Knute Stiles

  • Terry Fox Meanders

    WHEN I OPENED THE DOOR I heard a snoring sound coming from a tape recorder across the room. I had been apprised that a performance of Terry Fox’s The Labyrinth Scored for the Purrs of 11 Different Cats was to be held one day in March. Next I tripped over a piton and ring fixed to the floor a few feet inside the door. I assumed that had to do with the industrial or warehousing use of the building; the first floors were still evidently in use for that sort of business, so a piton and ring might be left over from a former tenant. Only later did I realize that this also was part of the show, which

  • R. Cedric Smith

    An announcement arrived in the post informing me that Cedric Smith’s Loiter Piece was to take place in the plaza of the Bank of America from 11 a.m. until 6 o’clock. The postman had arrived well after noon, so I didn’t get there till mid-event. Smith had hired two hippies to go to the plaza and act as though they were loitering. They weren’t, of course, because they had been paid $1000 each to perform this service. The release had suggested that anyone could interview the hippies. When I arrived two girls were interviewing them. The girls informed them that everyone upstairs was talking about

  • Nancy Graves

    Nancy Graves came to San Francisco to teach a summer session and while here she constructed an elaborate thicket of fantasy plant forms. The stems are of structural steel rods, generally erect though in a couple of cases they zigzag like a staircase, perhaps simulating a climbing model. Each plant form is divided into leaves, tendrils, flowers, nuts, shells, bones, pods—too many on each stem to approximate anything we know on this planet; such an otherworldly place would have a botany of several sexed plants. The thicket entitled Variability and Repetition of Variable Forms is mounted in the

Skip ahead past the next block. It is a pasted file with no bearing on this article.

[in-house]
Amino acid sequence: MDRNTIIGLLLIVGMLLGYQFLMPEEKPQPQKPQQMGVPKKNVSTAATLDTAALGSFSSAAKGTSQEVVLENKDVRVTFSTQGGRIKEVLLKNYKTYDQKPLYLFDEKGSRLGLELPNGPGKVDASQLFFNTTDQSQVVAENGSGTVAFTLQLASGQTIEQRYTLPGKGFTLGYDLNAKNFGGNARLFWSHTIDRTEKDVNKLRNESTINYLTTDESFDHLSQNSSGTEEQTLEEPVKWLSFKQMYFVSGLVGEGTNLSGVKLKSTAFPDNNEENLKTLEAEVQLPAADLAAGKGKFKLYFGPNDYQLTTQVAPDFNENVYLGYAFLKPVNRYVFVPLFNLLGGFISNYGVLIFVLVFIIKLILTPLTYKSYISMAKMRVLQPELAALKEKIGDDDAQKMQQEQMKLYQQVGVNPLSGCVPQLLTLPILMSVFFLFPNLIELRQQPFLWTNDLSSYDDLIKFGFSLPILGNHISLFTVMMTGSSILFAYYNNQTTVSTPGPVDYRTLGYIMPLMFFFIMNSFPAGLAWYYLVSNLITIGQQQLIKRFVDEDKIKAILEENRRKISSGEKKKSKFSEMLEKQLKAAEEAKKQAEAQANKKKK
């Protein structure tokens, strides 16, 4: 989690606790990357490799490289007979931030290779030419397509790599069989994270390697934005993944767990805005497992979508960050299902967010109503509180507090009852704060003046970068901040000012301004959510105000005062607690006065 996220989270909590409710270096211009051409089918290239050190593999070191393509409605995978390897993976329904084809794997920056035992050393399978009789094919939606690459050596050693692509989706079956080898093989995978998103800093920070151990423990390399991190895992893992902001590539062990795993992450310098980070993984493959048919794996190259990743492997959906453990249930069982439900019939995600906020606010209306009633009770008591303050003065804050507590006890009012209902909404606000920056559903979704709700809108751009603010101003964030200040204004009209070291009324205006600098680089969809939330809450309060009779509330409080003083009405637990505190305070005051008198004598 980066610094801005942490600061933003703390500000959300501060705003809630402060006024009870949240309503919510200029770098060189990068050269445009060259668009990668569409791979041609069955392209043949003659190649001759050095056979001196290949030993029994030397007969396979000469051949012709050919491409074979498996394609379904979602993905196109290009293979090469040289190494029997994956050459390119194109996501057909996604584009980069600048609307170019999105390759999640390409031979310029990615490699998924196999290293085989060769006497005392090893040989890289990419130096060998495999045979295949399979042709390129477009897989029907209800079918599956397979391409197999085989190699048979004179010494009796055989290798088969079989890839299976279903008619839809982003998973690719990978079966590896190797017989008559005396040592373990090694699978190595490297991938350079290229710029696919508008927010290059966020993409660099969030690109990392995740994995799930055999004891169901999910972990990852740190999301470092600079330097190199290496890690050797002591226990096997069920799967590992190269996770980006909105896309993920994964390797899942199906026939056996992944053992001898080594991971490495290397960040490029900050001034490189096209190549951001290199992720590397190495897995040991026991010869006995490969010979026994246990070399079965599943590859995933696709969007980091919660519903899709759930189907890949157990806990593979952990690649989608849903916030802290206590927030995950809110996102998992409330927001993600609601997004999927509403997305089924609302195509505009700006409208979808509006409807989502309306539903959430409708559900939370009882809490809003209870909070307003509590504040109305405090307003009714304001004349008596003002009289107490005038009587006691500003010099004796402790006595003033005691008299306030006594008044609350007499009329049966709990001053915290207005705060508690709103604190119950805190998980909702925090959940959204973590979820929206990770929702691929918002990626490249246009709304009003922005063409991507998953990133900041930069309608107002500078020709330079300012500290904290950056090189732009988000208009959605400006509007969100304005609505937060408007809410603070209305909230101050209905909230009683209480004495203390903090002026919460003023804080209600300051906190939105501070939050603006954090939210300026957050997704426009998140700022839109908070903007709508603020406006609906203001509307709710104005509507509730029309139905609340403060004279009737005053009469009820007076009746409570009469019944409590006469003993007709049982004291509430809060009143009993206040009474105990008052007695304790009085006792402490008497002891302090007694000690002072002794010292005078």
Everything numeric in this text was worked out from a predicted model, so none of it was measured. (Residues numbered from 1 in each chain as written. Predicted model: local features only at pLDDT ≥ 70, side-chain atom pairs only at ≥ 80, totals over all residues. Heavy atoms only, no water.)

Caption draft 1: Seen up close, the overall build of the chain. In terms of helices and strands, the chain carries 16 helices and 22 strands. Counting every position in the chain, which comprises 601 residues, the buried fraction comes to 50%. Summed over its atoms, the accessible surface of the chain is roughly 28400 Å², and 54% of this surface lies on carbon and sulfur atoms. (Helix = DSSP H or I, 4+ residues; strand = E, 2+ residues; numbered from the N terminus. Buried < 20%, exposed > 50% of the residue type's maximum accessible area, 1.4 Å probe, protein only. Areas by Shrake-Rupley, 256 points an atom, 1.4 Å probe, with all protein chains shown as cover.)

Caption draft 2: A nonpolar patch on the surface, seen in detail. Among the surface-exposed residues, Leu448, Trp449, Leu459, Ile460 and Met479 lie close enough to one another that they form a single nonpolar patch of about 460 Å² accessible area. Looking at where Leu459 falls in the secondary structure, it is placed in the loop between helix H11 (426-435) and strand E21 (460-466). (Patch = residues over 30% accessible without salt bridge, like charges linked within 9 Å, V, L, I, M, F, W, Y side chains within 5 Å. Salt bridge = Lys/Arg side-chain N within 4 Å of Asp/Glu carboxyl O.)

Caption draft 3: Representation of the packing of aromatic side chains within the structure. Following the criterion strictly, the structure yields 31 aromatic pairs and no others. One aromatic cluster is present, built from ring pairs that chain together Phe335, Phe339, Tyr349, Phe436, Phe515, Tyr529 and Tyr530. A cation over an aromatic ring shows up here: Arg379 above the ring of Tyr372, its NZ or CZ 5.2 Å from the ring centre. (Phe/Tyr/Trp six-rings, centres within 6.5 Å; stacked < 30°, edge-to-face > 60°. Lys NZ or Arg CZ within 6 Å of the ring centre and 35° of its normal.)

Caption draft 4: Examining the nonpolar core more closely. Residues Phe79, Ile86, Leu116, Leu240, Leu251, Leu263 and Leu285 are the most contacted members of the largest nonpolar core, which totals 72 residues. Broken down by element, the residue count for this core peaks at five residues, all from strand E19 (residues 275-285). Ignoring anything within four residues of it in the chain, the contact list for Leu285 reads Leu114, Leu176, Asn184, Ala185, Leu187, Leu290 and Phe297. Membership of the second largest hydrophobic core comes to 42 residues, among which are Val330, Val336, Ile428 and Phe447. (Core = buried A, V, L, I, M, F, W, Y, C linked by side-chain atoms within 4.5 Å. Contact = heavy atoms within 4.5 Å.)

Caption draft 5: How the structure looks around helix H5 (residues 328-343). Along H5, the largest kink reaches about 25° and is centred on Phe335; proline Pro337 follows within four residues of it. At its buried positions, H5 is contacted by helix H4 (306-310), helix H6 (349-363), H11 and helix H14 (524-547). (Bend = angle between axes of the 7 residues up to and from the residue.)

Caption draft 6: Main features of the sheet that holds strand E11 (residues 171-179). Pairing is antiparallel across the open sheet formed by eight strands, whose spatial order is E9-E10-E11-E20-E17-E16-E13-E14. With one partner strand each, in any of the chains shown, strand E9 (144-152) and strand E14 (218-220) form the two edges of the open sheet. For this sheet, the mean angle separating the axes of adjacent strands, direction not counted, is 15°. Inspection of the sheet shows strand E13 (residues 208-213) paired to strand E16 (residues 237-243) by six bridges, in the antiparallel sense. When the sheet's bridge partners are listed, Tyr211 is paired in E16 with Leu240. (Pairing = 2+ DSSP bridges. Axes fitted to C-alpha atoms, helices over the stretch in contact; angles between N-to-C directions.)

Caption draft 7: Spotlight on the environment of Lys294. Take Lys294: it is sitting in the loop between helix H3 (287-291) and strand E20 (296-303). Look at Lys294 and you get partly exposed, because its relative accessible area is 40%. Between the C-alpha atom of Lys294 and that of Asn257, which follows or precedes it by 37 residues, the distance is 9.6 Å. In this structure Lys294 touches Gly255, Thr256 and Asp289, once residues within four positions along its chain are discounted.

• Karl Benjamin

    The title Variability and Repetition of Variable Forms would almost seem more appropriate for another show in town, the paintings of Karl Benjamin at the Sawyer Gallery. He has gridded his canvases with twelve six-inch horizontal and vertical blocks and founded the smaller square diagonal grid on the tensions of the other; he has used twelve colors (except one in which the greens and blues are left out to allow the violets to dominate). The first impression is that the grid is an unrelieved waffling of the square, but you soon realize that your own eye is completing the left-out divisions, and

  • Leo Valledor

    Leo Valledor was a precisionist, too, a while back. His work is still very simple, but he has become enamored with the brushstroke, and in his new enthusiasm the paint flies to the bottom of these canvases. Except for the framing color the monochromatic paint quality has a good deal of texture deriving from the runniness of the paint and the mark of the brush. A large upright rectangle painted a flat, even, coppery-brass-gold on the edges, about two inches wide, borders a quite juicy yellow center. The yellow has flowed in uneven scalloped patterns that tend to make the surface mosaic pulse and

  • Tom Akawie

    These paintings were part of the last phase of a group of shows mounted in the San Francisco Museum of Art this summer. Now that the season has begun in earnest museum-goers will be subjected to a constant fare of package shows specially designed for provincial museums; and experimental work, at least as far as the museums are concerned, will go back underground. The California Palace of the Legion of Honor (whose policy has been traditionally ‘moderne’ rather than ‘modern’ or that even newer contemporaneity ‘modernist’) regularly shows working contemporaries month after month. Rumors (and even